Graduated from University of Stellenbosch with B.Eng. (Mechanical/Marine), did national service on Strike Craft as engineering officer and worked as naval architecture consultant in Cape Town for a short time, during which he attended his first diver training at Underwater World, qualifying as the equivalent of a one star diver, before returning to Stellenbosch as a lecturer in mechanical engineering. During this time he joined the Stellenbosch Underwater Club (1983) and really got involved. SAUU Two star was quickly followed by Compressor Operator and Club Instructor, and he took over the committee position of equipment officer, which he held for several years.
A shortage of competitors for the university Scuba Orienteering team encouraged him to have a go, and the technical challenges kept him interested. Several experimental rigs and a lot of practice later, he managed first place overall at the SA Universities Scuba Orienteering competition (1985), closely followed by the National Championships (1986). This introduction to underwater navigation led to an enduring interest in navigation, equipment R&D and surveying of dive sites, which has grown over the years. Around this time he bought a Nikonos 2 and assorted accessories and started taking a special interest in marine invertebrates, as they tended to stay still for long enough to take decent macro photographs. Three star followed, as did Provincial Instructor and a stint as chairman of the Western Province College of Underwater Instructors.
He attended a NAUI ITC in Cape Town in 1986, qualified, and soon afterwards helped complete a friend's yacht and sailed for the Caribbean, with stops in St Helena and Brazil, for some emergency repairs. He spent about a year in the Caribbean as an archaeological diver, dive-master and instructor, returning to SA in 1987. He was awarded SAUU Four star diver and National Instructor in 1989.
He worked in yacht building for a few years then went into partnership in a light engineering business, also doing some R&D in diving equipment, and is now retired.
During this time he also trained and qualified as a Class 4 commercial diver and has done mostly scientific diving work as a freelance diver and volunteer work for local researchers and the Two Oceans Aquarium. He subsequently qualified as Class 4 Nitrox diver, having just written the training manual, followed by Class 4 Supervisor and later Class 3 diver, mainly to help with writing training materials. He is currently registered as a Class 3 Instructor and is an advisor to the Department of Labour on commercial diver training. On the technical side he has also qualified as NAUI SCR Rebreather diver, CMAS Normoxic Trimix Diver and Gas Blender. He has attended a GUE Fundamentals course, but as a frequent solo diver, has not applied for registration.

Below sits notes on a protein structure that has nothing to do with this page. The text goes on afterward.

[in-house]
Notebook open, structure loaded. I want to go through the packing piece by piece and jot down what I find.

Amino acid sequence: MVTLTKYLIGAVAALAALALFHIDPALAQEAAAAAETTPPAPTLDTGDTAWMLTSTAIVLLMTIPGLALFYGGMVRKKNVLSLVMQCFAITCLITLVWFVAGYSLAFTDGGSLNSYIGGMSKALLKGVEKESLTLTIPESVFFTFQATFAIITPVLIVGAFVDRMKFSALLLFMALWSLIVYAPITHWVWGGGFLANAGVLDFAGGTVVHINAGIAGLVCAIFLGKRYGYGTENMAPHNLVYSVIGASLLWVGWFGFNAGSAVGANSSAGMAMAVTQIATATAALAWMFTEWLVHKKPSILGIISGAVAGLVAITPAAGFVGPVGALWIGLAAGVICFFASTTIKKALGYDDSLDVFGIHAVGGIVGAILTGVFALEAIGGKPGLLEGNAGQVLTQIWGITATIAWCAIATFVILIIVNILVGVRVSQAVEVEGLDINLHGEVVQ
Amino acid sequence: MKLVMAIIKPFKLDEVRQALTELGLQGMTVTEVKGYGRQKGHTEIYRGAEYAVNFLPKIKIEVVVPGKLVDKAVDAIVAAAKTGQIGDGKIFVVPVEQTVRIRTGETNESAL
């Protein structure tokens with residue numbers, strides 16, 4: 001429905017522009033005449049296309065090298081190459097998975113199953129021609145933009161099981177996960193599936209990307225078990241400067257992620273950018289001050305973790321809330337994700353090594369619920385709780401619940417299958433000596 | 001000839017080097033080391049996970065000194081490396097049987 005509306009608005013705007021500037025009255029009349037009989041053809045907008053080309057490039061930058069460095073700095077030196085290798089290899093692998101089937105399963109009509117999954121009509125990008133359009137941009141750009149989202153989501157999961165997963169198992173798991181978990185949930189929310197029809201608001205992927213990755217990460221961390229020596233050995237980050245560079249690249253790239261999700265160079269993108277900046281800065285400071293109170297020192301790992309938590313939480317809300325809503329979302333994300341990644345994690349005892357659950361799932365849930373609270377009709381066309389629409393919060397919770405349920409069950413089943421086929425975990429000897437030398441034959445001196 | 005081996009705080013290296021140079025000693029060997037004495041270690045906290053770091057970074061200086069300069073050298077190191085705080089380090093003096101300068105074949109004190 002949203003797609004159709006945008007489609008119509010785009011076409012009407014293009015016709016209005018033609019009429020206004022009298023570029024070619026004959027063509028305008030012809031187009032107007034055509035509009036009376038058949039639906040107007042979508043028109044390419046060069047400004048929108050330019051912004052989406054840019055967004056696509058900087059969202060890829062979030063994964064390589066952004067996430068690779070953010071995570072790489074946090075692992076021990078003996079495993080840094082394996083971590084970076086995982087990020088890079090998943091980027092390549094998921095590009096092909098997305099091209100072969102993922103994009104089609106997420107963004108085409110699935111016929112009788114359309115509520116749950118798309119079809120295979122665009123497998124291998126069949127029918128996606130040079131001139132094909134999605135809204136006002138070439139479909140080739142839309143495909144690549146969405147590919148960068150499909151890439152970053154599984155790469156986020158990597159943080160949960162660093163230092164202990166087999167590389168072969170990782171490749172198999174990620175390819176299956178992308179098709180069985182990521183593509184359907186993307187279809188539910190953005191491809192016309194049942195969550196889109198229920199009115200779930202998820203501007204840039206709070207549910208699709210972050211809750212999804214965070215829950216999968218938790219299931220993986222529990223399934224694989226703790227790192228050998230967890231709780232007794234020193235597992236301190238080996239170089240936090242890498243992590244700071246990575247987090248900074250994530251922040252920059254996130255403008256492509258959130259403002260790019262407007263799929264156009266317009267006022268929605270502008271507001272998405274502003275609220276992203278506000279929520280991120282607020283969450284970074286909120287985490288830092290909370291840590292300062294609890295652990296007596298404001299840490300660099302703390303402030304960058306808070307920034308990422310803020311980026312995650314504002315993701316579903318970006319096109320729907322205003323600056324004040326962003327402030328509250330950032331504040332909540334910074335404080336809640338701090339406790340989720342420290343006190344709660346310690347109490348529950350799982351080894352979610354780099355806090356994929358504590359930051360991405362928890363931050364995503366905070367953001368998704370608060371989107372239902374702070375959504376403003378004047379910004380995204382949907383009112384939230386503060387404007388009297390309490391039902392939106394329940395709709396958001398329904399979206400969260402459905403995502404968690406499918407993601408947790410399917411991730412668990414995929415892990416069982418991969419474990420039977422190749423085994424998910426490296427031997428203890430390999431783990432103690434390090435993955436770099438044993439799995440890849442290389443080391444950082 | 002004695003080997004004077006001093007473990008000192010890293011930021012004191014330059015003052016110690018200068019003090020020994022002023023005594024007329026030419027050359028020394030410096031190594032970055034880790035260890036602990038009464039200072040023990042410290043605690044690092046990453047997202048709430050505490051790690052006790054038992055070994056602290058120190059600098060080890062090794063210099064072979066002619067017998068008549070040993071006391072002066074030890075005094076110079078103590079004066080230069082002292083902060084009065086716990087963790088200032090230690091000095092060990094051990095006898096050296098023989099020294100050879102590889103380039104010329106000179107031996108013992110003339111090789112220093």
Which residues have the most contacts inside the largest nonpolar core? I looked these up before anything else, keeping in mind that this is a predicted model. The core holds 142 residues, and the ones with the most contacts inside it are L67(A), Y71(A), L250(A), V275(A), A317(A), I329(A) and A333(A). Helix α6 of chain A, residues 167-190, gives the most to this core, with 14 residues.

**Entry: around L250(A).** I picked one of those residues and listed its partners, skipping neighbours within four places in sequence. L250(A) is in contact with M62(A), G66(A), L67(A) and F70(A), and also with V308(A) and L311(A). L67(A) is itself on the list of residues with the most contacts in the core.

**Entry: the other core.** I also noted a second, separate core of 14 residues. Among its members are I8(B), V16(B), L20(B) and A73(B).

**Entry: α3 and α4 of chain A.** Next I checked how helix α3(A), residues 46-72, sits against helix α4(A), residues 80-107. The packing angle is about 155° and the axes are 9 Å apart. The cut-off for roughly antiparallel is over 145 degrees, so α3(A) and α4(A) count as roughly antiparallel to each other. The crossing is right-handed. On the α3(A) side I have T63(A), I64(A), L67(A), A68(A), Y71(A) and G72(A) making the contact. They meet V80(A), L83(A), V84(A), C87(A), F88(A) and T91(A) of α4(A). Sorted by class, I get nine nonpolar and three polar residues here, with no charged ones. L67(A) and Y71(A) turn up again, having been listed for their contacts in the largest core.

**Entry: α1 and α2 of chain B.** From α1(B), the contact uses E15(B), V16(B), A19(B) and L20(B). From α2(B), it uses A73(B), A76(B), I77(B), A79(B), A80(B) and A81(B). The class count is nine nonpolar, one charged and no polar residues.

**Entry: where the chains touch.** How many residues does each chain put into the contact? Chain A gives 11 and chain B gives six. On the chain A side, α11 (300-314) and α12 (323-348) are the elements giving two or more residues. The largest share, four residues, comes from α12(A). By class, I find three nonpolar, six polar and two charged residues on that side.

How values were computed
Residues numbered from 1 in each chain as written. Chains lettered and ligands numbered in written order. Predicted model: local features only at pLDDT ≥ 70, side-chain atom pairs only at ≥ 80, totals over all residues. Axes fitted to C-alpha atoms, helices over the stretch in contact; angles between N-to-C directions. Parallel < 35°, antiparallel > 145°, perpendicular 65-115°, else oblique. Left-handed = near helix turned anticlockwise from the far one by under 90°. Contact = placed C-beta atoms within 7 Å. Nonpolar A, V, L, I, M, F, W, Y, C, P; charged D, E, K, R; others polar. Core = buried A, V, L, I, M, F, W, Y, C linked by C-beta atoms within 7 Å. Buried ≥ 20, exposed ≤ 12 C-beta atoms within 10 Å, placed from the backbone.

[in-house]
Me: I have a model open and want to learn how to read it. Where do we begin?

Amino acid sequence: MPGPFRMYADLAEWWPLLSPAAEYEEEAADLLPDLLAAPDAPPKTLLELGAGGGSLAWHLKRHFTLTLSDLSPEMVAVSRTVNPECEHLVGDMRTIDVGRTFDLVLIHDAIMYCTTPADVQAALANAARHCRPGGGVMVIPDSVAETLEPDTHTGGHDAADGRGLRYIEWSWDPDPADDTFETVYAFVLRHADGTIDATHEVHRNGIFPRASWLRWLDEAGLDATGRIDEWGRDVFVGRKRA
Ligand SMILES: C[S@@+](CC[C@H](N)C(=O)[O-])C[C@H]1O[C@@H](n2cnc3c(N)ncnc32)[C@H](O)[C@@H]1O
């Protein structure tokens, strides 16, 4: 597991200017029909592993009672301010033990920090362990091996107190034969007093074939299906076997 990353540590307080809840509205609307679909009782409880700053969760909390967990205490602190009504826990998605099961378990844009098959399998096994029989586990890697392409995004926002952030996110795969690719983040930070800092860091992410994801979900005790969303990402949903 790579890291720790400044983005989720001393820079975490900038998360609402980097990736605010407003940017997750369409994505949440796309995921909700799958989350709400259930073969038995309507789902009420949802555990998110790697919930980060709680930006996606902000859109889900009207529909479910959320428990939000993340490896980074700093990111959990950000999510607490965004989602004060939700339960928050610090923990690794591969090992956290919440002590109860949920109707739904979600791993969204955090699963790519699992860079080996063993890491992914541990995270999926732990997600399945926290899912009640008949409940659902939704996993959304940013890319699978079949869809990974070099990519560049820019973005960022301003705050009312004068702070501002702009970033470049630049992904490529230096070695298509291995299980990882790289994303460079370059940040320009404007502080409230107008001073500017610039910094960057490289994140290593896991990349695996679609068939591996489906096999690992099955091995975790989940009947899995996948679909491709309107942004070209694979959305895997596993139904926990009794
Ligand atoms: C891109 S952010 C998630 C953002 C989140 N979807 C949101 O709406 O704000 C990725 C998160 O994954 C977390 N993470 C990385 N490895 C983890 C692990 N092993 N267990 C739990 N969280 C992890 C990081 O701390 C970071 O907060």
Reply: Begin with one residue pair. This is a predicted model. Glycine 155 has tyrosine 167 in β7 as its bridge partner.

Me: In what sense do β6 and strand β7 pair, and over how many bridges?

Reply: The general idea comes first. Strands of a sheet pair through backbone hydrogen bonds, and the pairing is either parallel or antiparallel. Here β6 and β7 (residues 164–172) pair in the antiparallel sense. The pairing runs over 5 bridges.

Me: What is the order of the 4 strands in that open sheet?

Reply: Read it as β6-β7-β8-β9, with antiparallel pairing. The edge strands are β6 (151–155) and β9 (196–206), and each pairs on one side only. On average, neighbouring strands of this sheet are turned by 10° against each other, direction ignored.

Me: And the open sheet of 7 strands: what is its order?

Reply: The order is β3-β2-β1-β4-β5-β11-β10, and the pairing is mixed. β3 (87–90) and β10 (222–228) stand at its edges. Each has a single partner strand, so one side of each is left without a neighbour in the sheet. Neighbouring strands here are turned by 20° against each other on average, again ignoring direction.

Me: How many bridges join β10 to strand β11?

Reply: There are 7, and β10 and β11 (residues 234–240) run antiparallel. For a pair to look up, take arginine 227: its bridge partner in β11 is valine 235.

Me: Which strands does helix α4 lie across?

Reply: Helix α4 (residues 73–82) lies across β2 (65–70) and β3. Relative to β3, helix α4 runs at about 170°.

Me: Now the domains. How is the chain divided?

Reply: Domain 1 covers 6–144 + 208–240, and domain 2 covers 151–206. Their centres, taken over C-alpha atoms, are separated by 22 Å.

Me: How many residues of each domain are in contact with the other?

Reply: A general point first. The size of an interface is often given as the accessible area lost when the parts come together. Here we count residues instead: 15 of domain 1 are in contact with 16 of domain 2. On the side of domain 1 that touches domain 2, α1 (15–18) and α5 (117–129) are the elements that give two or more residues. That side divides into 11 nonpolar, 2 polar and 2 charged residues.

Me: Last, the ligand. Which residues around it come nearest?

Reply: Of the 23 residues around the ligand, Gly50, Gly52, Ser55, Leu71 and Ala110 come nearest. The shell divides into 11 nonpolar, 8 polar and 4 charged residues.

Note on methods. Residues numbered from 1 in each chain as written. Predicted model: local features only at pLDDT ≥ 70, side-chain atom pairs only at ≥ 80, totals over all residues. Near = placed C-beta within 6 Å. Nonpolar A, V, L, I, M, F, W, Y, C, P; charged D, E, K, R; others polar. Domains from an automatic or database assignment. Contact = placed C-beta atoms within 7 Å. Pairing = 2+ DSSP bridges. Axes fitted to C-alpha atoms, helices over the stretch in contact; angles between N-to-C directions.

He assisted with public comment on the Diving regulations 2007 and the Codes of practice for commercial diving, which were published in 2007. Current volunteer work on the Diving Advisory Board includes reviewing and updating commercial diving training standards, Codes of Practice for various applications of professional diving and Commercial diver training, and review and updating the Diving Regulations to the Occupational Health and safety Act.
He has contributed to several citizen science projects in connection with marine biology, including operating the Reef Life Survey research vessel Reef Dragon on part of its trans-Pacific expedition in New Zealand, and on part of its circumnavigation of Australia
He is busy with a long term project of surveying and mapping the dive sites of Cape Peninsula and False Bay (SURGMAP), and recording the species found at each site, later recording the biodiversity by digital photography. This project started as a purely personal effort, but it has slotted in with several official projects. He has contributed significantly to the SANBI SeaKeys project by way of data collection, uploading observations on the iSpot Citizen Science database and producing training materials on a Moodle platform for the South African Diver baieBIO and Fundi skill recognition system, and for the training of instructors for the project. The South African Diver project is a collaboration led by fellow SURG member Georgina Jones.
At present he is retired, doing increasingly rare consulting work in small craft design and plan approval (for money), and writes diver training manuals, operations manuals and codes of practice, and provides input for commercial diver training policies (for which money has not been offered, but somebody has to do it).
Areas of interest and specialised knowledge:
Areas dived within South Africa:
Eland's Bay, St Helena Bay, Cape Columbine, Langebaan Lagoon, Cape Town (Robben Island to Rooi-Els), Hangklip, Betty's Bay, Botrivier Vlei, Hermanus, Gansbaai, Struisbaai, Mossel Bay, Knysna Lagoon and Heads, Plettenberg Bay, Storms River Mouth, Port Elizabeth, Scottsburgh, Aliwal Shoal, Durban, Sodwana Bay, Wondergat, Various inland dams and quarries.
Areas dived internationally
St. Helena island, Bequia, St. Maarten, Antigua, St. Barthelemy, St. Christopher and Nevis, Saba, Mozambique (Guinjata Bay), North Island of New Zealand from Three Kings to White Island, and Southern Australia from Perth to Adelaide and the east coast of Tasmania
Photographic Contributions - Magazines and Books
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